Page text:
Iran after the revolution: the word is for the people
In light of the upcoming Iranian presidential elections, Professor Mohammad Marandi dissects the Islamic Republic of Iran and mentions that amid the rise of the Islamic revolution the "Americans were caught off guard".
The democratic streets of Iran were once under the rule of a monarchy led by Mohammad Reza Pahlavi (Shah).
In 1941, Shah took after his father, Reza Khan (later Shah), the founder of the Shah dynasty. His reign lasted from 1941 till 1979 when Ruhollah Khomeini abolished the monarchy and succeeded in achieving an Islamic revolution.
Shah adopted a pro-western foreign policy and worked to develop the Kingdom's economy. However, during his reign, 52% of Iranians lived below the poverty line. The regime's over-ambitious economic program drove the working class to go against the Shah.
After overthrowing him in 1979, the Iranian Revolution (Islamic Revolution) shifted Iran from an absolute monarchy to an Islamic republic, under Ayatollah Khomeini, the leader and founder of the Islamic Republic.
From A Monarchy to a Republic
Iran was under an absolute monarchy for several years, before making the transition to becoming a republic. A population that was used to living under a monarchy for so long, welcomed the Islamic Revolution with open arms.
Marandi to Al-Mayadeen: Americans were caught off guard
In an interview with Al-Mayadeen, Professor in the University of Tehran, Mohammad Marandi explained that the reason behind the smooth transition was the overwhelming support for the Islamic Revolution because “Imam Khomeini kept the population as a whole, onboard, and the Americans were caught off guard” with no time to think of a way to “undermine the revolution”.
Marandi stressed that the revolution was based on “indigenous values and beliefs”, which people lived by for many years, unlike the western ideology that Shah adopted and imposed on his people. Instead of relying on the western adopted ideology, Imam Khomeini relied on an ideology that the people accepted.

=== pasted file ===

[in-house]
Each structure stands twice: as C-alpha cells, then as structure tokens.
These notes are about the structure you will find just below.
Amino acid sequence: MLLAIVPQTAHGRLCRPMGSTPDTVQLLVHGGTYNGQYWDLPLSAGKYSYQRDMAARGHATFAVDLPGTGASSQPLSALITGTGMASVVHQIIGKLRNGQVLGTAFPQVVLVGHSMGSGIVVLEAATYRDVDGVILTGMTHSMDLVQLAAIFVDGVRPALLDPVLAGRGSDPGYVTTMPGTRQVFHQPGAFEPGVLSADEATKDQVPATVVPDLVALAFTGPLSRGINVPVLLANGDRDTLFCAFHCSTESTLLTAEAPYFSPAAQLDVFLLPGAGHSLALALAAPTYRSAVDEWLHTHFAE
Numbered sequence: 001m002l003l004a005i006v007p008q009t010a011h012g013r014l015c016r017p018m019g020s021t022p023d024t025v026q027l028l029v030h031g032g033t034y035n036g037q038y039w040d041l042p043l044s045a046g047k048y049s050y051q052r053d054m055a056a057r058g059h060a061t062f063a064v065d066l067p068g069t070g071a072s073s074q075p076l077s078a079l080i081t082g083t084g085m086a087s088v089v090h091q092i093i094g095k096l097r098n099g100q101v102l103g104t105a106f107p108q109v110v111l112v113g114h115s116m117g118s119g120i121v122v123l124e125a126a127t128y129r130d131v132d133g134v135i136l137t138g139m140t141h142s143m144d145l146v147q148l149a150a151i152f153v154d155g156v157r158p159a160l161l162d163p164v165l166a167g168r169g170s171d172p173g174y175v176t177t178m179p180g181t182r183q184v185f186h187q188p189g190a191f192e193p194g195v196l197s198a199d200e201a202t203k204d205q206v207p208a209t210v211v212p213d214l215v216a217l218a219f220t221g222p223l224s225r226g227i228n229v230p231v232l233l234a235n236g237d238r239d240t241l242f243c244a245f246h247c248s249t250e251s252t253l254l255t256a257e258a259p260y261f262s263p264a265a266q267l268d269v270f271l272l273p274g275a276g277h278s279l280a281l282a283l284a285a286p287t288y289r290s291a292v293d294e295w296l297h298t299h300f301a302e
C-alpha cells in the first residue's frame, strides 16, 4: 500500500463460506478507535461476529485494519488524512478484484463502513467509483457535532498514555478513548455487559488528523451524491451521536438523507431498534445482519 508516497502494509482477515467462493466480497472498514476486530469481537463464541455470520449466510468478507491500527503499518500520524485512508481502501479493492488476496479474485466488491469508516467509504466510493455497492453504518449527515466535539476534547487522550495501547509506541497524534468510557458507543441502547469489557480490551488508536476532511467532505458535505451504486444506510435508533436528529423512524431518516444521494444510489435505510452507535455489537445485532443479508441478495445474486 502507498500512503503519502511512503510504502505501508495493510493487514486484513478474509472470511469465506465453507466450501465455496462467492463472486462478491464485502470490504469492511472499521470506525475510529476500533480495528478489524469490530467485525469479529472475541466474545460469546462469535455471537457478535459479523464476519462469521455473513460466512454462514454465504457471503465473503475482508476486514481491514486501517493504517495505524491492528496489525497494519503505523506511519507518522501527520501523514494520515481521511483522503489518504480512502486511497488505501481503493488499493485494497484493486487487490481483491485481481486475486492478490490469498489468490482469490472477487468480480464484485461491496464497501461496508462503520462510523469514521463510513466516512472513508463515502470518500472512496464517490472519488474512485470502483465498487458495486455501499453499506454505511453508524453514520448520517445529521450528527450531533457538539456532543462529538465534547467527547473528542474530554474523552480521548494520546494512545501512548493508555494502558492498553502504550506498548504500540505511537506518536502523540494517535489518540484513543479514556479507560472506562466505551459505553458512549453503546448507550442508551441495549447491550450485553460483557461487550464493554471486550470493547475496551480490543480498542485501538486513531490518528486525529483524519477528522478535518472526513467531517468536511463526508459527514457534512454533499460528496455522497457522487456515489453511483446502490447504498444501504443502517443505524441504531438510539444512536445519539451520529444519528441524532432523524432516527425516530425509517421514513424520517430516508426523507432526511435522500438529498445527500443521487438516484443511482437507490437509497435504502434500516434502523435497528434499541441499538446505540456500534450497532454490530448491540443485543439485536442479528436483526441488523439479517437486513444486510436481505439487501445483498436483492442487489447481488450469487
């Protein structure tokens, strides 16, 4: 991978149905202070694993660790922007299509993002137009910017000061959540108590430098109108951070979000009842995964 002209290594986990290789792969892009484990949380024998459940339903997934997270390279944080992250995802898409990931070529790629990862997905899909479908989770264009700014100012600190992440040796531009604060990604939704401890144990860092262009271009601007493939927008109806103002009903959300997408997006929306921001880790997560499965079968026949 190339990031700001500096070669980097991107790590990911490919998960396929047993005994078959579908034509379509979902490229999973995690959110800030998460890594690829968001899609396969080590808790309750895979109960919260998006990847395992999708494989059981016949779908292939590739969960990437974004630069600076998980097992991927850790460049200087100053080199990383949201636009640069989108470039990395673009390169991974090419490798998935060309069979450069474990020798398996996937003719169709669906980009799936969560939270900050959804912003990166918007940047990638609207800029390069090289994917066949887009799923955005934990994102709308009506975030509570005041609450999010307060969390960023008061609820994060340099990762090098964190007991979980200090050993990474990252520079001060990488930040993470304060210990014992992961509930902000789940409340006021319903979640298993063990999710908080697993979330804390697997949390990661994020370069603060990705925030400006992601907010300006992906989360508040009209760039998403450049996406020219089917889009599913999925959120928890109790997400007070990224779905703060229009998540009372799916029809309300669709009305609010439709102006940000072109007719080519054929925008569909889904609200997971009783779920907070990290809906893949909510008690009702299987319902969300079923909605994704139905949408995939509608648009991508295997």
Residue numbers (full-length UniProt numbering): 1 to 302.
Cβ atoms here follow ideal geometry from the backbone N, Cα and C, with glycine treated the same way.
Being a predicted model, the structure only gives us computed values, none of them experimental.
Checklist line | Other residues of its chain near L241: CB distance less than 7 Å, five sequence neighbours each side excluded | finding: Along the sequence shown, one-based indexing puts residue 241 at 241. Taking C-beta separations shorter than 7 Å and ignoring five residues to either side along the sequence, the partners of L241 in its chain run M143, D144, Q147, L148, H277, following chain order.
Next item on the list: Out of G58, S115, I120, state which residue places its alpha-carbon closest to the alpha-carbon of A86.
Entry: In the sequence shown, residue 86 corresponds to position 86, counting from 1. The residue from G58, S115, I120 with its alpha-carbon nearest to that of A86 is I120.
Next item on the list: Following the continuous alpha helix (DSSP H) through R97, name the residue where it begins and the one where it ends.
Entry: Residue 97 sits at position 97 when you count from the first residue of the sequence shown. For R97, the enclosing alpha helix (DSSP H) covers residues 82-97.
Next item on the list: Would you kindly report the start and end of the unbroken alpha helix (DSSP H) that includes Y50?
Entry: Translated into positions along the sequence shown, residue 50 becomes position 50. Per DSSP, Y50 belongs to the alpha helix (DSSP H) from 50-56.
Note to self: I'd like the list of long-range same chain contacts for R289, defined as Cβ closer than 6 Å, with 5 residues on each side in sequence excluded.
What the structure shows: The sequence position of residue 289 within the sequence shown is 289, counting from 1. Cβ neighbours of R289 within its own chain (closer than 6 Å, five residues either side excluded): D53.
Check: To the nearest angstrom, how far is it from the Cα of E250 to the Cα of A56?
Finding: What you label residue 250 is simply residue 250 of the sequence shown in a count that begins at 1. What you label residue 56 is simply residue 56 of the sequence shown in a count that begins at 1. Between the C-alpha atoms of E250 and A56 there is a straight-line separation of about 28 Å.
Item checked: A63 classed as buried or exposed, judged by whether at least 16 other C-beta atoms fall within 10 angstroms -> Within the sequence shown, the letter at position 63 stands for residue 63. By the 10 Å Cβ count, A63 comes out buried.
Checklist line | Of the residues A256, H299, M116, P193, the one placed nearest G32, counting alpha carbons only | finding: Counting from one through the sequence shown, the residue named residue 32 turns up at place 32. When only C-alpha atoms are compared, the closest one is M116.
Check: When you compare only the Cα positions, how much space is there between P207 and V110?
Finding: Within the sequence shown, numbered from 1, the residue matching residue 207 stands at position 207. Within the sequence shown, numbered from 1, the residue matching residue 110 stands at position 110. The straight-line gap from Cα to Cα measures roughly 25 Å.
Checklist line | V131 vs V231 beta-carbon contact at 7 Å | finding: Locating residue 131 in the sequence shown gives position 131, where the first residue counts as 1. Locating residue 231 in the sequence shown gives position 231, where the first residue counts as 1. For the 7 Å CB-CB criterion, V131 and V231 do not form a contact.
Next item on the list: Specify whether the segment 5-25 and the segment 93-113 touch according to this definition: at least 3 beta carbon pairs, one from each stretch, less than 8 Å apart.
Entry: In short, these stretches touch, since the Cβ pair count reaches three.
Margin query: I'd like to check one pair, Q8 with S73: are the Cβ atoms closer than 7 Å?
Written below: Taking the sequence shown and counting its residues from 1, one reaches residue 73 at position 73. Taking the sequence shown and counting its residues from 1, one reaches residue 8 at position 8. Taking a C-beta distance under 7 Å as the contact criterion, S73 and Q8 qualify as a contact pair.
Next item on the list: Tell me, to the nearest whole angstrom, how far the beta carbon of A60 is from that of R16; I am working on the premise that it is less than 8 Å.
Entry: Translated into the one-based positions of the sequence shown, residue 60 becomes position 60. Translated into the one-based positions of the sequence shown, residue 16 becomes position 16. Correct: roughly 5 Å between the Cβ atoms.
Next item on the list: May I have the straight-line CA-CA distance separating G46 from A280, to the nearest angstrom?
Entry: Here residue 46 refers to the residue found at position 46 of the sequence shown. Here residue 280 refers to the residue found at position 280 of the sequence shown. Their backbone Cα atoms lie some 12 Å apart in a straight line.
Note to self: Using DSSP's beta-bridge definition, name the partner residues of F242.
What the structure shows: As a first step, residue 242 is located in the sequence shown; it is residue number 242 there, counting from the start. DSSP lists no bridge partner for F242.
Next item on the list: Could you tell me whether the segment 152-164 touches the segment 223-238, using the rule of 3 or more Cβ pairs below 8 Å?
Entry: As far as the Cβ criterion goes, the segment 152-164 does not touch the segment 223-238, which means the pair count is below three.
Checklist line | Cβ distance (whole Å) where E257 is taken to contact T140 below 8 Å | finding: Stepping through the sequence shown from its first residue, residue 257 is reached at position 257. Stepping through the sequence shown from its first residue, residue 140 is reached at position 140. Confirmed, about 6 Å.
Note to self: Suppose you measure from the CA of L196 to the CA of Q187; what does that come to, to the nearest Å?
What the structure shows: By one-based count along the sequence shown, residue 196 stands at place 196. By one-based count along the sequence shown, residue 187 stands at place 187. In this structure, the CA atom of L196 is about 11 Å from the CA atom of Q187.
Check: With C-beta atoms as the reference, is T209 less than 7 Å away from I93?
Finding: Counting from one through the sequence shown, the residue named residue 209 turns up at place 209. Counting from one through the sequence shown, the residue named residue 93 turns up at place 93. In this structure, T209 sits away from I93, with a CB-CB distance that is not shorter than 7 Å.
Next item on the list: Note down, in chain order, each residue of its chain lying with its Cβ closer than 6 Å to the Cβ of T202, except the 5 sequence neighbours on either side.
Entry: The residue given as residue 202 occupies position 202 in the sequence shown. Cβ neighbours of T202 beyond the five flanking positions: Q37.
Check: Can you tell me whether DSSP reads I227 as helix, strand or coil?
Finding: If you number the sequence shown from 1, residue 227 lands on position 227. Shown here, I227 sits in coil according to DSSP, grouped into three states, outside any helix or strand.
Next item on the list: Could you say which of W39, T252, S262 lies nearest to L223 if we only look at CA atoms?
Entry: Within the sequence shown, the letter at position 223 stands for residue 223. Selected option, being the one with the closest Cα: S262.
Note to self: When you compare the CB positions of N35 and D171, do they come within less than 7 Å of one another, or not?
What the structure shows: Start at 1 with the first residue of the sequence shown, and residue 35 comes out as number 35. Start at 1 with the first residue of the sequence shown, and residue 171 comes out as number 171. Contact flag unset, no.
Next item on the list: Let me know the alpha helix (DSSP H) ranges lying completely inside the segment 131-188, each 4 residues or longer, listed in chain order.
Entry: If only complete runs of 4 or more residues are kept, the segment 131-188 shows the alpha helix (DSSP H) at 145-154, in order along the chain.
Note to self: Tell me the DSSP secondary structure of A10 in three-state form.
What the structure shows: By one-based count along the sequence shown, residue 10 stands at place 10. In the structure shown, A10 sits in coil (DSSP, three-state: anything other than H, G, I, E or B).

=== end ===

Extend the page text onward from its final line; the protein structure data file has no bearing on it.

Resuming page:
Political Analyst Mohammad Marandi to #AlMayadeen: “the Islamic Revolution was based on indigenous values and beliefs.” @s_m_marandi#IranElections2021 #Iran pic.twitter.com/OWU83r5btK— Al Mayadeen English (@MayadeenEnglish) June 11, 2021
Republic of the People
The Pahlavi dynasty had a totalitarian government that suppressed opposition parties, restricted individual opposition to the state, and engaged in control over public and private life.
The Islamic revolution sought to eliminate the rural-urban divide. After the revolution, health and education reduced the poverty rate from 25% during the Shah's reign to less than 14%.
Mohammad Marandi explained to Al-Mayadeen that the support for the Islamic Republic helped resist the "United States and the western block, its allies, as well as the Soviet Union and its allies", which as he said were very hostile towards Iran and the revolution.
Due to the popular support in Iran, the state was able to remain strong even with the western support for Saddam Hussein's "murderous" war against Iran and the different terrorist organizations that were used to "undermine the country from within", he added.
Political Analyst Mohammad Marandi explains to #AlMayadeen how the public played a major role in resisting the Western pressure on #Iran. 👇 @s_m_marandi #IranElections2021 pic.twitter.com/IviTPmBGKe— Al Mayadeen English (@MayadeenEnglish) June 11, 2021
Marandi explained that the people played an important role in the success of the revolution and the reason behind the popular support is having a constitution that has a "strong component and element of democracy".
He mentioned that the values of the Islamic Republic of Iran are "indigenous and they are compatible with the lives of ordinary Iranians", unlike the formerly adopted foreign ideology.
The Iranians were ruled by a man that "obeyed" the United States, unlike Ayatollah Khomeini who was ready to "give up everything for dignity and for the dignity of the people", as Marandi put it.